The Southern District of New York recently granted a motion for damages by insurance plaintiffs in a multidistrict litigation case against Iran stemming from the September 11, 2001 terrorist attacks. The court previously entered a default judgment against Iran and tasked a magistrate judge with calculating damages. The present opinion stemmed from plaintiff's objections to the magistrate's recommendations that plaintiffs could not recover reinsurance payments made related to the attacks and that prejudgment interest began to accrue on the individual dates of payment of each claim for which plaintiffs sought damages.

First, the court agreed with plaintiffs and awarded damages for the reinsurance payments at issue. Plaintiffs objected to the magistrate's recommendation because another case in the MDL had previously awarded damages for reinsurance payments (constituting law of the case) and that, contrary to the magistrate's logic, their subrogation rights did not depend on contractual privity. The Southern District side-stepped the issue of whether the "law of the case" doctrine applied by concluding equitable subrogation, a doctrine sounding in equity rather than contract, does not require contractual privity under New York law. While not officially deciding the law of the case issue, the court in dicta noted the existence of a D.C. federal case allowing recovery for reinsurance payments on an unrelated terrorist attack and that the magistrate provided no basis for distinguishing the present case from the previously decided MDL case.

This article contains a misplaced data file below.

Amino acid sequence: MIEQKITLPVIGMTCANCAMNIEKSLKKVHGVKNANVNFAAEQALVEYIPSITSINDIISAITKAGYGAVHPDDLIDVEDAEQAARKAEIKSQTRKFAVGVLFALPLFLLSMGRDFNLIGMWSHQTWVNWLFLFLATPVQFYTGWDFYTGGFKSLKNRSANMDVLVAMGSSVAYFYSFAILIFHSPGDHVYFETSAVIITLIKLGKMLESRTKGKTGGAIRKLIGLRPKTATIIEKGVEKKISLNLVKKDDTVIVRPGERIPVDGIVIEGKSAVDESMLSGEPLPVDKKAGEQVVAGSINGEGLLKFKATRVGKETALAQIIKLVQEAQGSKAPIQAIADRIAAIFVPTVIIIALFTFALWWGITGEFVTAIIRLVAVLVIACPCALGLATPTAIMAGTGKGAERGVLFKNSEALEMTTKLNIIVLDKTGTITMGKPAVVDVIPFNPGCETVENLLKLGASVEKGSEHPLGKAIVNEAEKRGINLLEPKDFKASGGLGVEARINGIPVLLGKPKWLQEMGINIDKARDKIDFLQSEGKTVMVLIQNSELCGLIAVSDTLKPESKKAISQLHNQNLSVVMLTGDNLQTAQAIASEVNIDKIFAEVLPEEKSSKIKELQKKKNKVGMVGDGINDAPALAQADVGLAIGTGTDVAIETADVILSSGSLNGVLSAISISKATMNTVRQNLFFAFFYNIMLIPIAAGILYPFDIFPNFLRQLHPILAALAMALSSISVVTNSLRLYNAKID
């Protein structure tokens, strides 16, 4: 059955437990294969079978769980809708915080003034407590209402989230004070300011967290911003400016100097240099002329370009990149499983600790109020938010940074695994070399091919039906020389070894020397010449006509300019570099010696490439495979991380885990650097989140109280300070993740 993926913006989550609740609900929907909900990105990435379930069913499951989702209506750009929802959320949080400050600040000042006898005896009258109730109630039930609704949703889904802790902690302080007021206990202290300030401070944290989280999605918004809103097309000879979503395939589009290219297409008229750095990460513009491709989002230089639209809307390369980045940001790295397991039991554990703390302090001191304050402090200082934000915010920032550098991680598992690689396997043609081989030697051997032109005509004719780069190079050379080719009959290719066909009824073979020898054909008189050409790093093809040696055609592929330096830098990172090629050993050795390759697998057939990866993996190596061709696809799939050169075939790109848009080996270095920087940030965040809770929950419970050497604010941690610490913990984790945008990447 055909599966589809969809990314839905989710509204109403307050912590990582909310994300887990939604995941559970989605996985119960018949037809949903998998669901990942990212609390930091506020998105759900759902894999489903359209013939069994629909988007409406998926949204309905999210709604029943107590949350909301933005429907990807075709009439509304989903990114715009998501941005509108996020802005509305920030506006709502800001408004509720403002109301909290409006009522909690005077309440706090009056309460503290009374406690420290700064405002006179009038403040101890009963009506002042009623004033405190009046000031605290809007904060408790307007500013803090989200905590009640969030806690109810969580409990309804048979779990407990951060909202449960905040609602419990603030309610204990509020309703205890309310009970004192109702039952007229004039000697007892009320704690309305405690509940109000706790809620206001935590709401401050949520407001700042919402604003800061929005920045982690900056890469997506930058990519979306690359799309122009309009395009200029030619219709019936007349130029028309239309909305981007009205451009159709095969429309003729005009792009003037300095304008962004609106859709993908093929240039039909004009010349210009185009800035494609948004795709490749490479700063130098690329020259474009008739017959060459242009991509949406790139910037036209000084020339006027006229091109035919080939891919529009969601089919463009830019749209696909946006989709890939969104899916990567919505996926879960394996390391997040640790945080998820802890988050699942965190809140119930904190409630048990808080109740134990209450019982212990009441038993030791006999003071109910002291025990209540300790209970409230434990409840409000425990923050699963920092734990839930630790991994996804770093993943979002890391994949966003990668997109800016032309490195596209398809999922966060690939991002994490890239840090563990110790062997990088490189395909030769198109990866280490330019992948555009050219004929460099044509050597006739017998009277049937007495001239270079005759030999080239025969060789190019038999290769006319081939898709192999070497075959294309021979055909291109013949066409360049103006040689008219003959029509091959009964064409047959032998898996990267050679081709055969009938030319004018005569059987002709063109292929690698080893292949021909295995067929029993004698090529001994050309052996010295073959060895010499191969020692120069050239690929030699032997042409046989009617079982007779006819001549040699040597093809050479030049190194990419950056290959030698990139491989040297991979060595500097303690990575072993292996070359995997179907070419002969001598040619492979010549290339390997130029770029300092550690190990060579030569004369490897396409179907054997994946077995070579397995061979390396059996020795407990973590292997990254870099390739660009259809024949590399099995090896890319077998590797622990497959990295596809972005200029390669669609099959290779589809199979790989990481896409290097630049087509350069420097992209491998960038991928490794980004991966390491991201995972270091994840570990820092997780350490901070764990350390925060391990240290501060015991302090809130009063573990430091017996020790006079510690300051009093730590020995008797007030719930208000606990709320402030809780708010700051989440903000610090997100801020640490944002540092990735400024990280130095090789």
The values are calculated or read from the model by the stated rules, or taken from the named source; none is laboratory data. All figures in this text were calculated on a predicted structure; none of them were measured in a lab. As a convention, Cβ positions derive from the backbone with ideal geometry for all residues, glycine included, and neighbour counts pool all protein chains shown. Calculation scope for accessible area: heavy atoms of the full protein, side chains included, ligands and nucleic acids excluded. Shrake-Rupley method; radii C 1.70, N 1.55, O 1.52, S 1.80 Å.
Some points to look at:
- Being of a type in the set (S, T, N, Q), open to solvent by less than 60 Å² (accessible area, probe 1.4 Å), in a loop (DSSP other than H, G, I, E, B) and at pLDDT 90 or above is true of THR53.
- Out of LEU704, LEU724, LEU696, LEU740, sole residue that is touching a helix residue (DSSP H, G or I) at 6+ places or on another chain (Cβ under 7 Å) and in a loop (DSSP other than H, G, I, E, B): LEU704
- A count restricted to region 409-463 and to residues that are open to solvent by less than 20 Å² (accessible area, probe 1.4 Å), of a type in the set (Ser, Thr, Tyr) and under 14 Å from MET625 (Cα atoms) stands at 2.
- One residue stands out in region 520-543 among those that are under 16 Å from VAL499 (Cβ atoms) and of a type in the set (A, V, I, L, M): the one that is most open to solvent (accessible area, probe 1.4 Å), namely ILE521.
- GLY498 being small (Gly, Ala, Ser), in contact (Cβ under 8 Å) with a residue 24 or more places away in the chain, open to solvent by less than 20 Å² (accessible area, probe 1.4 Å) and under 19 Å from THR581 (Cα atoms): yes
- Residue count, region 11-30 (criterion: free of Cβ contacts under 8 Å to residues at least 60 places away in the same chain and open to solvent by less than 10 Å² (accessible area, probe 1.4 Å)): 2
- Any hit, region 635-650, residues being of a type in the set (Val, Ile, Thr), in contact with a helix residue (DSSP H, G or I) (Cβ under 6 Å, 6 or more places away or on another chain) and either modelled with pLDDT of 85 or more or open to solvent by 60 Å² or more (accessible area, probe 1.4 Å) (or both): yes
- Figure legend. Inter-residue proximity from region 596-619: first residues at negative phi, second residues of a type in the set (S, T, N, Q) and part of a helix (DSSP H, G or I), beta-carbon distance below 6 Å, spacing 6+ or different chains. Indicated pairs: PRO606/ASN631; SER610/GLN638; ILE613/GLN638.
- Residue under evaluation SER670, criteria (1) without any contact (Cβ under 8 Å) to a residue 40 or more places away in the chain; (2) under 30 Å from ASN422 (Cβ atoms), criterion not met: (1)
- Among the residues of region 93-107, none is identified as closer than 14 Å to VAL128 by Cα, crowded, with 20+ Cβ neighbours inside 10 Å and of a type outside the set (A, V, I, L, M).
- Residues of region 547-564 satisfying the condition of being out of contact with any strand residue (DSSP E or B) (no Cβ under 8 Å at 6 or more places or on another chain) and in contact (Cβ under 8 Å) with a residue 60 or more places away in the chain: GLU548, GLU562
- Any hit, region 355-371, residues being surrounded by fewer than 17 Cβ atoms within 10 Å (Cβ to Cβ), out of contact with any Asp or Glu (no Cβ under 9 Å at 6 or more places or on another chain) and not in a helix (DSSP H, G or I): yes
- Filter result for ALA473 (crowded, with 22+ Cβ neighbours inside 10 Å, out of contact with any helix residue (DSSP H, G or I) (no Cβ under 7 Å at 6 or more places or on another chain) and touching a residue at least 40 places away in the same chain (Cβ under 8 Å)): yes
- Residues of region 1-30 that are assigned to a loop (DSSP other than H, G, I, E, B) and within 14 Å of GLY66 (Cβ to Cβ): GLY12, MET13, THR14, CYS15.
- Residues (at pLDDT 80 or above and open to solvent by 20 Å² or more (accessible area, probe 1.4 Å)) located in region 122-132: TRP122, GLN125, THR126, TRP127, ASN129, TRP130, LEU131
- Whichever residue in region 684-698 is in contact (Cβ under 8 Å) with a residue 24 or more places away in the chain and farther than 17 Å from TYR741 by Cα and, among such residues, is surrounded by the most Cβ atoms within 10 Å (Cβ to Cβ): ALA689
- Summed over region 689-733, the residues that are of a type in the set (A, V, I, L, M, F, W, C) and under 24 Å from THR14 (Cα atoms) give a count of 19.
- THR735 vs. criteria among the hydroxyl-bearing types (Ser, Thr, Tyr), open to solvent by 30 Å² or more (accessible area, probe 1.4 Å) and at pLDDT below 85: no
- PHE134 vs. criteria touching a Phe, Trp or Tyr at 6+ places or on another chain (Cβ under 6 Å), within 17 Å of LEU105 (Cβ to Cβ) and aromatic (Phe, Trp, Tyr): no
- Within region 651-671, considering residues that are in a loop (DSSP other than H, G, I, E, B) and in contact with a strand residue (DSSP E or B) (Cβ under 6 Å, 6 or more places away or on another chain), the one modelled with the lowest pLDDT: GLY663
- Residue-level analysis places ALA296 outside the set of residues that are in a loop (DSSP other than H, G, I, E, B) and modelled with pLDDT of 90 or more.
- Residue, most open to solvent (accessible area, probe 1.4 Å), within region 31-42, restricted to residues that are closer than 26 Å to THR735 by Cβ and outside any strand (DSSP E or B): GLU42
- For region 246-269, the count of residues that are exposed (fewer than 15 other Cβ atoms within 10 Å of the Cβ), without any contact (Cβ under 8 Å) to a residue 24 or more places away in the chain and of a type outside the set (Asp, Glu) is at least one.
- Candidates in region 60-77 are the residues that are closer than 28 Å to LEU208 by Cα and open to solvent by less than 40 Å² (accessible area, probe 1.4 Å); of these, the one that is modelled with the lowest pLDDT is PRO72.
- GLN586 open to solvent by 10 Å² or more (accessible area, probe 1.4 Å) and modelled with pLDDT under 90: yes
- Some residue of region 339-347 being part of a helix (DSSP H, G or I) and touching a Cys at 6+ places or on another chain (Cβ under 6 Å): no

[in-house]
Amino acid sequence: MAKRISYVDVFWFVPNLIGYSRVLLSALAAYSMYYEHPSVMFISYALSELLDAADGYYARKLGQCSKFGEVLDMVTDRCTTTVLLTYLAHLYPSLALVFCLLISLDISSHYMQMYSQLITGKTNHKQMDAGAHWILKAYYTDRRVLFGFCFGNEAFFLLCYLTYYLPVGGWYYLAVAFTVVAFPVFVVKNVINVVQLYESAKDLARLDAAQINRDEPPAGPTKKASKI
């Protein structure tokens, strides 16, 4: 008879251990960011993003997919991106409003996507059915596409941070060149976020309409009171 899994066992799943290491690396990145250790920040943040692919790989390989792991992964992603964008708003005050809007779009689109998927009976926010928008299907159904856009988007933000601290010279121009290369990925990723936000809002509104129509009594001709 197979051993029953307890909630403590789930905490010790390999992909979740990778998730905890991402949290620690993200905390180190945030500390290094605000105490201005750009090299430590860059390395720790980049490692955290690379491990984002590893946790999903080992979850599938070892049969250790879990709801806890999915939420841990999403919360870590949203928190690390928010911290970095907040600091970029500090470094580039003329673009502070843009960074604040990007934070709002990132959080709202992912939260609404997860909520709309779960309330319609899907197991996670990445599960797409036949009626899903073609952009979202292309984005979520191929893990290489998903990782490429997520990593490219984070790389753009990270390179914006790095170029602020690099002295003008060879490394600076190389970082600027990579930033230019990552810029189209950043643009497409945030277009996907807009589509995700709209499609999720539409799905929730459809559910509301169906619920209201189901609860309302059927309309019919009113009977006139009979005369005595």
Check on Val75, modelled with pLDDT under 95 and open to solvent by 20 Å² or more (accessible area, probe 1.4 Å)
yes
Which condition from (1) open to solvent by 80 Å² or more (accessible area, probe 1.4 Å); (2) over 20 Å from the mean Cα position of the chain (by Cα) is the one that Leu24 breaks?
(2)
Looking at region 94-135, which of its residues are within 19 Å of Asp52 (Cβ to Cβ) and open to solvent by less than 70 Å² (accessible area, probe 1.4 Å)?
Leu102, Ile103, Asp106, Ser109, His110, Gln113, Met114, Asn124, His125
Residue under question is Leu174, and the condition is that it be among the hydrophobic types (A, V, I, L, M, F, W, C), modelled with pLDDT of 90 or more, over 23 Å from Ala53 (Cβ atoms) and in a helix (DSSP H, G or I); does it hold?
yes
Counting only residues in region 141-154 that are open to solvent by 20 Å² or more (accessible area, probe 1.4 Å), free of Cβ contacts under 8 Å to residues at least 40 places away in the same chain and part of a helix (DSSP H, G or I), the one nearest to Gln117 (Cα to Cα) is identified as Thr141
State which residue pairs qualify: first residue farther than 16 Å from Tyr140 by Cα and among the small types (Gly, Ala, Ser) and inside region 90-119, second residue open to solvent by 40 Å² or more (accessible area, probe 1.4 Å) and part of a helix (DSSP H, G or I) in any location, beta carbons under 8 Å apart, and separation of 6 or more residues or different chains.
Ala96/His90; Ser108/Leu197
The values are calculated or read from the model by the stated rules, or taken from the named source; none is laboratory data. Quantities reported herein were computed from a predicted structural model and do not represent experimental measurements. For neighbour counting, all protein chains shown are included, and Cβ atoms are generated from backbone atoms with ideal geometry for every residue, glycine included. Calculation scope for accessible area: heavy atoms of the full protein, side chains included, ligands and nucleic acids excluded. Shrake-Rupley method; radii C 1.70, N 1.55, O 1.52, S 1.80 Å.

Second, the court determined that the date of the September 11 terrorist attacks was the appropriate benchmark for when prejudgment interest should start accruing. New York law provides that damages for losses arising in the state incurred at various times may trigger interest either at the date of each loss individually or upon a "single reasonable intermediate date." Instead of triggering interest accrual for each loss based on the date each claim was paid, the court affixed all prejudgment interest to begin accruing on September 11, 2001 to promote consistency in the MDL cases and avoid complex calculations. As to losses arising outside of New York, the court likewise exercised its broad discretion to select September 11, 2001—the date of the underlying terrorist attack and the date selected for New York losses—to be the date from which prejudgment interest is to be calculated for non-New York losses.

In re Terrorist Attacks on Sept. 11, 2001, Case No. 03-MDL-1570 (USDC S.D.N.Y. June 25, 2018).

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